What's the Fate of Your Estate?

This is the last article in a four part series on business continuity. Catch up on the first article, Will Your Business Survive Without You?, the second article, Succession Planning=Peace of Mind and the third article, You've Built Your Business, Now Build Your Exit Plan.

Most construction business owners will spend a lifetime making sure their businesses succeed. After all of your hard work, do you really want to leave the fate of your business in someone else’s hands? As it is likely your largest asset, you’ll want to ensure your business is protected through a detailed estate plan. This plan should focus on minimizing estate and gift taxes as well as protecting your wealth for your family.

DON’T LET THE “DEATH TAX” BE THE DEATH OF YOUR BUSINESS

When a business owner dies, the business is considered an asset included in the estate, which encompasses all investment accounts, businesses, property, real estate and life insurance. If the value of an estate exceeds $5.49 million in 2017, it will be subjected to the federal estate tax, often referred to as the “death tax.” Only the amount exceeding the $5.49 million exemption will be taxed, but can still leave heirs scrambling to pay the taxes due within nine months of the owner’s death. The heirs will often sell the business for far less than it is worth to cover the tax bill.

To preserve your business, it’s important to consult an accountant or estate attorney to create a plan that will cover all of your business and personal needs. They will offer advice to help reduce the value of your estate, and in turn, the amount you’ll owe in taxes on your estate.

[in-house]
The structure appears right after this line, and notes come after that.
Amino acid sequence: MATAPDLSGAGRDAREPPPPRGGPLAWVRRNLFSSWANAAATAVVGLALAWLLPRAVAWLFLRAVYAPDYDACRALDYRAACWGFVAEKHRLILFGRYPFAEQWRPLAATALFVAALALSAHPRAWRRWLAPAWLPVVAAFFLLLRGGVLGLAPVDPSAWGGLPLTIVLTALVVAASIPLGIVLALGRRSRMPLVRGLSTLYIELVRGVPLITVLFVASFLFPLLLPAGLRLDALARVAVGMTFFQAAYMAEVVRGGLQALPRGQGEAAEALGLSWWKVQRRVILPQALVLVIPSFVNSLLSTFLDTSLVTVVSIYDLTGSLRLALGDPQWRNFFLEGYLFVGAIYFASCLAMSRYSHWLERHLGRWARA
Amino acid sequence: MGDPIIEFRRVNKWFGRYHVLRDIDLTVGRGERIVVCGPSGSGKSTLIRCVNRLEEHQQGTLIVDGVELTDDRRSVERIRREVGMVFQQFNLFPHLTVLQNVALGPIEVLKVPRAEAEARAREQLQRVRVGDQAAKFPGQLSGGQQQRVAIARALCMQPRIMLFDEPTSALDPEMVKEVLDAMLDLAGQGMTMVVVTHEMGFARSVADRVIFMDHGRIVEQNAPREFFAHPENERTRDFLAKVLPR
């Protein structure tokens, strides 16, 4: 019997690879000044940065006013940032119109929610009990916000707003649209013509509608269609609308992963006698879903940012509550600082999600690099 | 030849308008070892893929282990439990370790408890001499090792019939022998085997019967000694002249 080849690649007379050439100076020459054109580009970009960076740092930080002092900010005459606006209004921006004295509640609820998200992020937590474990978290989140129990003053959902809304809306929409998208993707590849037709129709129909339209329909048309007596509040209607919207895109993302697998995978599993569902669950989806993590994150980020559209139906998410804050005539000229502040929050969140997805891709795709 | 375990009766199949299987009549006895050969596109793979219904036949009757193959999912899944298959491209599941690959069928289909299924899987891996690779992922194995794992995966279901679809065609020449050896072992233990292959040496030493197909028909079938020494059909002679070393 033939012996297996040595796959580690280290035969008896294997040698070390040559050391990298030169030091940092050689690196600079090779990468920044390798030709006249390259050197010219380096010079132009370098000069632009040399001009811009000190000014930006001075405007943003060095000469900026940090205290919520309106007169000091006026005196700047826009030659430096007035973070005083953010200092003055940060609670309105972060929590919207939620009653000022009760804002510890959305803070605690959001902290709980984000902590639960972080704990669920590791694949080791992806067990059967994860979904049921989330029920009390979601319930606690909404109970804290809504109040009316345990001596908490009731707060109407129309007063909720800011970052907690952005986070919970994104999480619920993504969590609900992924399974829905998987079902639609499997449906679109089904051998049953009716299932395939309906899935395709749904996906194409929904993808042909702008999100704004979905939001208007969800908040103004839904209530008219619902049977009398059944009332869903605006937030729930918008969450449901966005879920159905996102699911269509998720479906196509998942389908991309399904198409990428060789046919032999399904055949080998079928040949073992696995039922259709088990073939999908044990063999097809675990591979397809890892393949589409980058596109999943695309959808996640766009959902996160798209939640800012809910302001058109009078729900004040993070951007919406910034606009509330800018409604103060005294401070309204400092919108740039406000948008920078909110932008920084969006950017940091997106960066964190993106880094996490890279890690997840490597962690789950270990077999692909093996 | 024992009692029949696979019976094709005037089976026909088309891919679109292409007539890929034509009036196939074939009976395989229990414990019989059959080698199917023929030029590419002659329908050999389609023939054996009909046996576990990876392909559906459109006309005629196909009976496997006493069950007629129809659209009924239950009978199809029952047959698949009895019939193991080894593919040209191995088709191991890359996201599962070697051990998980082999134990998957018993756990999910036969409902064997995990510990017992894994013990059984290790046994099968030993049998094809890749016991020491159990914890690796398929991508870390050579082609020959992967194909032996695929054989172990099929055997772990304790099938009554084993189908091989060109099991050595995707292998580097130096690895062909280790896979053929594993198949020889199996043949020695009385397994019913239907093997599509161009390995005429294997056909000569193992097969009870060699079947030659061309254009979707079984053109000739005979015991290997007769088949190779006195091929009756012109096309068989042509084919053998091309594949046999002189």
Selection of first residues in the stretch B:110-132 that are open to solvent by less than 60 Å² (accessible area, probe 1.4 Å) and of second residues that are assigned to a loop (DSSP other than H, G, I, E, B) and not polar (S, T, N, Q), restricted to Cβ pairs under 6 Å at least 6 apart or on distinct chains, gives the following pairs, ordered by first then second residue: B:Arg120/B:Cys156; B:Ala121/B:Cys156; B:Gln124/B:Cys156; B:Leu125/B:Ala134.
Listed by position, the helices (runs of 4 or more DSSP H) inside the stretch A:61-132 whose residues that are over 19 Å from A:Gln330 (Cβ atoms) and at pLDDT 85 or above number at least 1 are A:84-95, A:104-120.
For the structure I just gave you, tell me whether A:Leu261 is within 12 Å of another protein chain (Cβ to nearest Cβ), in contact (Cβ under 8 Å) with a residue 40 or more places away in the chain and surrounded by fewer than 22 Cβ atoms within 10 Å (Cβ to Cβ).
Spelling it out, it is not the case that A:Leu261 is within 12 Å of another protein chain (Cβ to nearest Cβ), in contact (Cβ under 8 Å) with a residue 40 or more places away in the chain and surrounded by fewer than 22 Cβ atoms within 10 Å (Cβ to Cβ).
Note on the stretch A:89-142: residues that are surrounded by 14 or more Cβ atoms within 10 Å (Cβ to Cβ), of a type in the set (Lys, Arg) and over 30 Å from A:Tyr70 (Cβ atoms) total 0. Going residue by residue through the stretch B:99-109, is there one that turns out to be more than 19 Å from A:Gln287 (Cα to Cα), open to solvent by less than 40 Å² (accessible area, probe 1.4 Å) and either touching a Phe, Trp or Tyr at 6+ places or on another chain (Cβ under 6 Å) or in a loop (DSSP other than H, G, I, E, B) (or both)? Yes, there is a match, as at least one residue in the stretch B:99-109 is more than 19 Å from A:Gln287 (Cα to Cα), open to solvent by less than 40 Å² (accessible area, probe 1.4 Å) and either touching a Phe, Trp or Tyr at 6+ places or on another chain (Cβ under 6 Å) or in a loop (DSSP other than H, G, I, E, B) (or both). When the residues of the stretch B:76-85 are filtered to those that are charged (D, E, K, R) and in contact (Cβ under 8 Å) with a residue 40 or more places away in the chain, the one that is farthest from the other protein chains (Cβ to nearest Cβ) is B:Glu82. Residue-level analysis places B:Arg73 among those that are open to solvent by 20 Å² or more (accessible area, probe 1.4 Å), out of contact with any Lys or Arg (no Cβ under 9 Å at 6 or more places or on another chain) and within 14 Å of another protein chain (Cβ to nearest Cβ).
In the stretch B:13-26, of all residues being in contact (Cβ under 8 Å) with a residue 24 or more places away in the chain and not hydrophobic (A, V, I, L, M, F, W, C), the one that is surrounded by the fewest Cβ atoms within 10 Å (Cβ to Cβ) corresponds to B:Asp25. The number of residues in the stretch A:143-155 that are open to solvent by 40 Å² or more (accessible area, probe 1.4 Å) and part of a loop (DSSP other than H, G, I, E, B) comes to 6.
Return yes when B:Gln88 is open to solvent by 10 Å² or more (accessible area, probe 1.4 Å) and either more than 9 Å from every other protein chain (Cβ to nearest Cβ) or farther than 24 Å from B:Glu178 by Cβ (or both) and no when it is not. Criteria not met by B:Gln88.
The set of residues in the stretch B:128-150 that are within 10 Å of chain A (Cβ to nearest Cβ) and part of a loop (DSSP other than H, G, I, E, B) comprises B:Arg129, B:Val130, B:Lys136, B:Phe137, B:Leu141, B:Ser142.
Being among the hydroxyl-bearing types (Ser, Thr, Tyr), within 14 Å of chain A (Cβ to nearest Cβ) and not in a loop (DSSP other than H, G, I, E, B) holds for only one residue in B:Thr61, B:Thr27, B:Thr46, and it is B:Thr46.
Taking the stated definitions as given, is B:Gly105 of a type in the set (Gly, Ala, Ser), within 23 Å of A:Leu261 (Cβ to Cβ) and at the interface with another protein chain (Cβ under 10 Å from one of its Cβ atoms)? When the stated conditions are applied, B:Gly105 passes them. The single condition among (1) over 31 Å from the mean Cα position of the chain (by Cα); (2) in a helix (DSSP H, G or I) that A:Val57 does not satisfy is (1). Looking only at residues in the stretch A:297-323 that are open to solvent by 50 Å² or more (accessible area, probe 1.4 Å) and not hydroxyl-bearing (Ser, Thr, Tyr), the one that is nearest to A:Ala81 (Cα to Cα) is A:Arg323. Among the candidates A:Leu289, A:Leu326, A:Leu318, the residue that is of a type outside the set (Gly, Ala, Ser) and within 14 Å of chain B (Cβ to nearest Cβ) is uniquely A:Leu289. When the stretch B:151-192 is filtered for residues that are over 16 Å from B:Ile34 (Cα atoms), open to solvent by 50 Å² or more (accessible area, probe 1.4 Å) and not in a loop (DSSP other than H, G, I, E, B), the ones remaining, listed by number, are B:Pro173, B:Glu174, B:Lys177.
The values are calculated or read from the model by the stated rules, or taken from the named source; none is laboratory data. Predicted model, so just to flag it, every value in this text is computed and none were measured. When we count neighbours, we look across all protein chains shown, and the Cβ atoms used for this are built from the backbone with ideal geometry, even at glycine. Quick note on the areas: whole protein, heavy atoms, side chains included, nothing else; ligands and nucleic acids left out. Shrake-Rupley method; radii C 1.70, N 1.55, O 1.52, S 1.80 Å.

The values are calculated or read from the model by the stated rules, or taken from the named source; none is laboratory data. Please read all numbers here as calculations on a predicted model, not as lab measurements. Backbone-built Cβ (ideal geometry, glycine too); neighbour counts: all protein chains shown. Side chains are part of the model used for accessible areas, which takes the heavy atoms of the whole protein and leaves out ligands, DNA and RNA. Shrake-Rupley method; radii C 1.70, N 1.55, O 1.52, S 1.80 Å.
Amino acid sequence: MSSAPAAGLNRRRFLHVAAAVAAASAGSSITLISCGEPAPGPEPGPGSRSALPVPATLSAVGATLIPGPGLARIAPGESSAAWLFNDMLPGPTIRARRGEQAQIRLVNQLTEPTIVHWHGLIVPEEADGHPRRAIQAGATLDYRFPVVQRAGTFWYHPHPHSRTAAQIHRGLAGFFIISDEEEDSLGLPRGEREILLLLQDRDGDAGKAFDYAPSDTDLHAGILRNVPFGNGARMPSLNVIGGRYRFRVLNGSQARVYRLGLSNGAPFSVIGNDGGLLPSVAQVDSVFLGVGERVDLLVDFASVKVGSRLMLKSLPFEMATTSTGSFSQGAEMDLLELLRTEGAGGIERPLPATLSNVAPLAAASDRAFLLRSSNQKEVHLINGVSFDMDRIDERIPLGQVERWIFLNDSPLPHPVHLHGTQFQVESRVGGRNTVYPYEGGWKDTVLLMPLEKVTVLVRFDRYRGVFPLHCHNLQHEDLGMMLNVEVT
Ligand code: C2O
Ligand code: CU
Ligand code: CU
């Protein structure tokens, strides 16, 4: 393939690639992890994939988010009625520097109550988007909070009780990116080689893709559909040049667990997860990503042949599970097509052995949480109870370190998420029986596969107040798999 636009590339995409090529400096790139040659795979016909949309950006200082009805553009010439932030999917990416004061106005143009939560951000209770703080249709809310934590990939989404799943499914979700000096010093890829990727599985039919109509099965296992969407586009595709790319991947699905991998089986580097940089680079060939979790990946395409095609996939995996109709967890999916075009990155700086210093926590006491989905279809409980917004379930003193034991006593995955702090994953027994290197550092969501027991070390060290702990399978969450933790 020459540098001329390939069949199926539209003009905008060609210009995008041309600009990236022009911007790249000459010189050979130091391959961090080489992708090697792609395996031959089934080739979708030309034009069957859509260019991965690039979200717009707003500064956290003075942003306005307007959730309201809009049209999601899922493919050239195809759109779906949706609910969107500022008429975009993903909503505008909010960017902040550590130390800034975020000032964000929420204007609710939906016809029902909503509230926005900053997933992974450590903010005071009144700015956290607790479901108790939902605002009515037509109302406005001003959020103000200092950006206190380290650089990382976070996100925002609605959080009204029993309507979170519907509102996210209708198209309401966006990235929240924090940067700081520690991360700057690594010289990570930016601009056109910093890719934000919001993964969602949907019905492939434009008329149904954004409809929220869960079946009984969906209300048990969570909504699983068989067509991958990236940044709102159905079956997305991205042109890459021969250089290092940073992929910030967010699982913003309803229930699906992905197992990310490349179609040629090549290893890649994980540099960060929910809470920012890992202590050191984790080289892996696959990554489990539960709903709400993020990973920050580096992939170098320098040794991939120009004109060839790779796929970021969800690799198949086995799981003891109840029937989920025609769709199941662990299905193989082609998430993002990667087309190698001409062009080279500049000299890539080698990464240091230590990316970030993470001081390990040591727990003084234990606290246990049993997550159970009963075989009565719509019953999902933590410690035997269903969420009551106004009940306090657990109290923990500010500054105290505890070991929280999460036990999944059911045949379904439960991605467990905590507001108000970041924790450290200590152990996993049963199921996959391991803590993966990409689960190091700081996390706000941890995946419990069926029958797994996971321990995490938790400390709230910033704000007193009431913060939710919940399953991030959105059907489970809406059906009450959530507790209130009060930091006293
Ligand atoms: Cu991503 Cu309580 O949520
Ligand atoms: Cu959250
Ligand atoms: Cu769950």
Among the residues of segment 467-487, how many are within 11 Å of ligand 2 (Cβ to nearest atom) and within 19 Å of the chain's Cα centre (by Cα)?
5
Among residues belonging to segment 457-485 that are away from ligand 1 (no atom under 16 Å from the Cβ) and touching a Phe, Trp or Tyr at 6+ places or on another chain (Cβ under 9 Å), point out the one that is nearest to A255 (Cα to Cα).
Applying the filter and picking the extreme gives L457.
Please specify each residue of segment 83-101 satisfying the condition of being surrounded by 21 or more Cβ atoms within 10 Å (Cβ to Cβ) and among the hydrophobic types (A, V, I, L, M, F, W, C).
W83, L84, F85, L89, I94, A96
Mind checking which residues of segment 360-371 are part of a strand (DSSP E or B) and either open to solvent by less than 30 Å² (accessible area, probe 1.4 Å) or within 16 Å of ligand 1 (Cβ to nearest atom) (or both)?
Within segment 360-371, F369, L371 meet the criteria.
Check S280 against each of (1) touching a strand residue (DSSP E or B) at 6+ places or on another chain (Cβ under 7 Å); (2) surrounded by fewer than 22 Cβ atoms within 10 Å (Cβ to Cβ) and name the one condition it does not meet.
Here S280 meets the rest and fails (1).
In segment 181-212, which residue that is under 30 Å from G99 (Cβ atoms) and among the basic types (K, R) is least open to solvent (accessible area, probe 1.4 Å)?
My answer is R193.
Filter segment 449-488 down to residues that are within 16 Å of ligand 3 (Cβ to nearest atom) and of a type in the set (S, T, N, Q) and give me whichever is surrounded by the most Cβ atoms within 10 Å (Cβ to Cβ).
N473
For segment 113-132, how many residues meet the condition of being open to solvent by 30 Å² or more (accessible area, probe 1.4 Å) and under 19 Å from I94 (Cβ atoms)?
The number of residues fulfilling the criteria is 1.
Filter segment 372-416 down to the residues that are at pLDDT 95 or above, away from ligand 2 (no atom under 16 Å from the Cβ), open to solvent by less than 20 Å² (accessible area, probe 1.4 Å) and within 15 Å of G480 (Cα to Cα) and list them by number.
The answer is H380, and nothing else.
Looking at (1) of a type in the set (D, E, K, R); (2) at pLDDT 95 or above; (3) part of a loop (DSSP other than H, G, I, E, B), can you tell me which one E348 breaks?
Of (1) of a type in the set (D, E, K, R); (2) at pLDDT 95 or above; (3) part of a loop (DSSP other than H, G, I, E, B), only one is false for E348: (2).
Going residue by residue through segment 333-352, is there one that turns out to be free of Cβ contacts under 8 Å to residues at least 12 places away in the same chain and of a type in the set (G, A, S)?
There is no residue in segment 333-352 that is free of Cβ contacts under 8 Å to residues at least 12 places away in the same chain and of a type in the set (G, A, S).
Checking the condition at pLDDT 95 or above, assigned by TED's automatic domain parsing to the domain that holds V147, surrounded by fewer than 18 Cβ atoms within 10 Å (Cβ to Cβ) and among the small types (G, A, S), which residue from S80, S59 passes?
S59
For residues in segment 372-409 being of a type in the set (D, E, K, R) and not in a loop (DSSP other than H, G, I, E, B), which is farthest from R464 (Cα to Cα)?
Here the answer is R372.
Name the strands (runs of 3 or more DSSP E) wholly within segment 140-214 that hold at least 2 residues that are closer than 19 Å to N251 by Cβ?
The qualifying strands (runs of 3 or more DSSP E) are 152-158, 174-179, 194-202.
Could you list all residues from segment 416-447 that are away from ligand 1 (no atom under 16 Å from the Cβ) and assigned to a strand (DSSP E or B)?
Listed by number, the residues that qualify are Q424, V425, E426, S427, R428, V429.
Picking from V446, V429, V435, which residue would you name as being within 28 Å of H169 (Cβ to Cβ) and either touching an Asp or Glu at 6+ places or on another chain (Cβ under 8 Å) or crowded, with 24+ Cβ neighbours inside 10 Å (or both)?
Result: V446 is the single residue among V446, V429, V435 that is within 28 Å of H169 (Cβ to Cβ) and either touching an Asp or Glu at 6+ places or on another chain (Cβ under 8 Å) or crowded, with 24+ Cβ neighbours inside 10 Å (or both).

HERE ARE SOME COMMON STRATEGIES:

  1. Gift the maximum of $14,000 annually: The IRS allows you to give up to $14,000 to as many people as you would like every year. By strategically gifting the maximum amount each year, you will be able to reduce the value of your estate over time while still preserving your wealth. Charitable giving to a church, school or non-profit organization is another way to distribute your wealth.
  2. Establish trusts for your assets: A trust is a legal agreement that allows for the transfer of a person’s assets to a trustee to manage for the benefit of a beneficiary and will ensure your assets remain in your family. While there are several types of trusts available, they will all serve the same purpose in lowering the amount you’ll owe in taxes on your estate.
  3. Spend it: An attractive and fast option for reducing your wealth is to spend it! Those who have an abundance of wealth and are not in jeopardy of running out of money before they die may enjoy the freedom of making some rather substantial purchases without financial consequences.

PROACTIVELY PROTECT YOUR ESTATE

Creating a proper estate plan is a proactive approach to protecting your business, assets and family. Establishing a will as part of your plan will further protect your family and may help to avoid the probate process, in which a person’s estate is administered through the court system after their death.

When creating a will, you should also appoint a power of attorney to make decisions on your behalf in the event you become incapacitated and are not able to do so. A healthcare directive will allow your power of attorney to execute your medical wishes as you have specified so the burden of making those difficult decisions does not fall on your family.

It’s never too soon to create your plan and should be made a priority by everyone, regardless of age or class. Advanced planning will ensure your plans for your estate are carried out according to your timeline and that your business and loved ones will be taken care of after your death. If you’re ready to secure the fate of your estate, HORNE can help. Contact us if you’d like more information, need to revise your current plan or need help developing a plan.

Creating a proper estate plan is a proactive approach to protecting your business, assets and family

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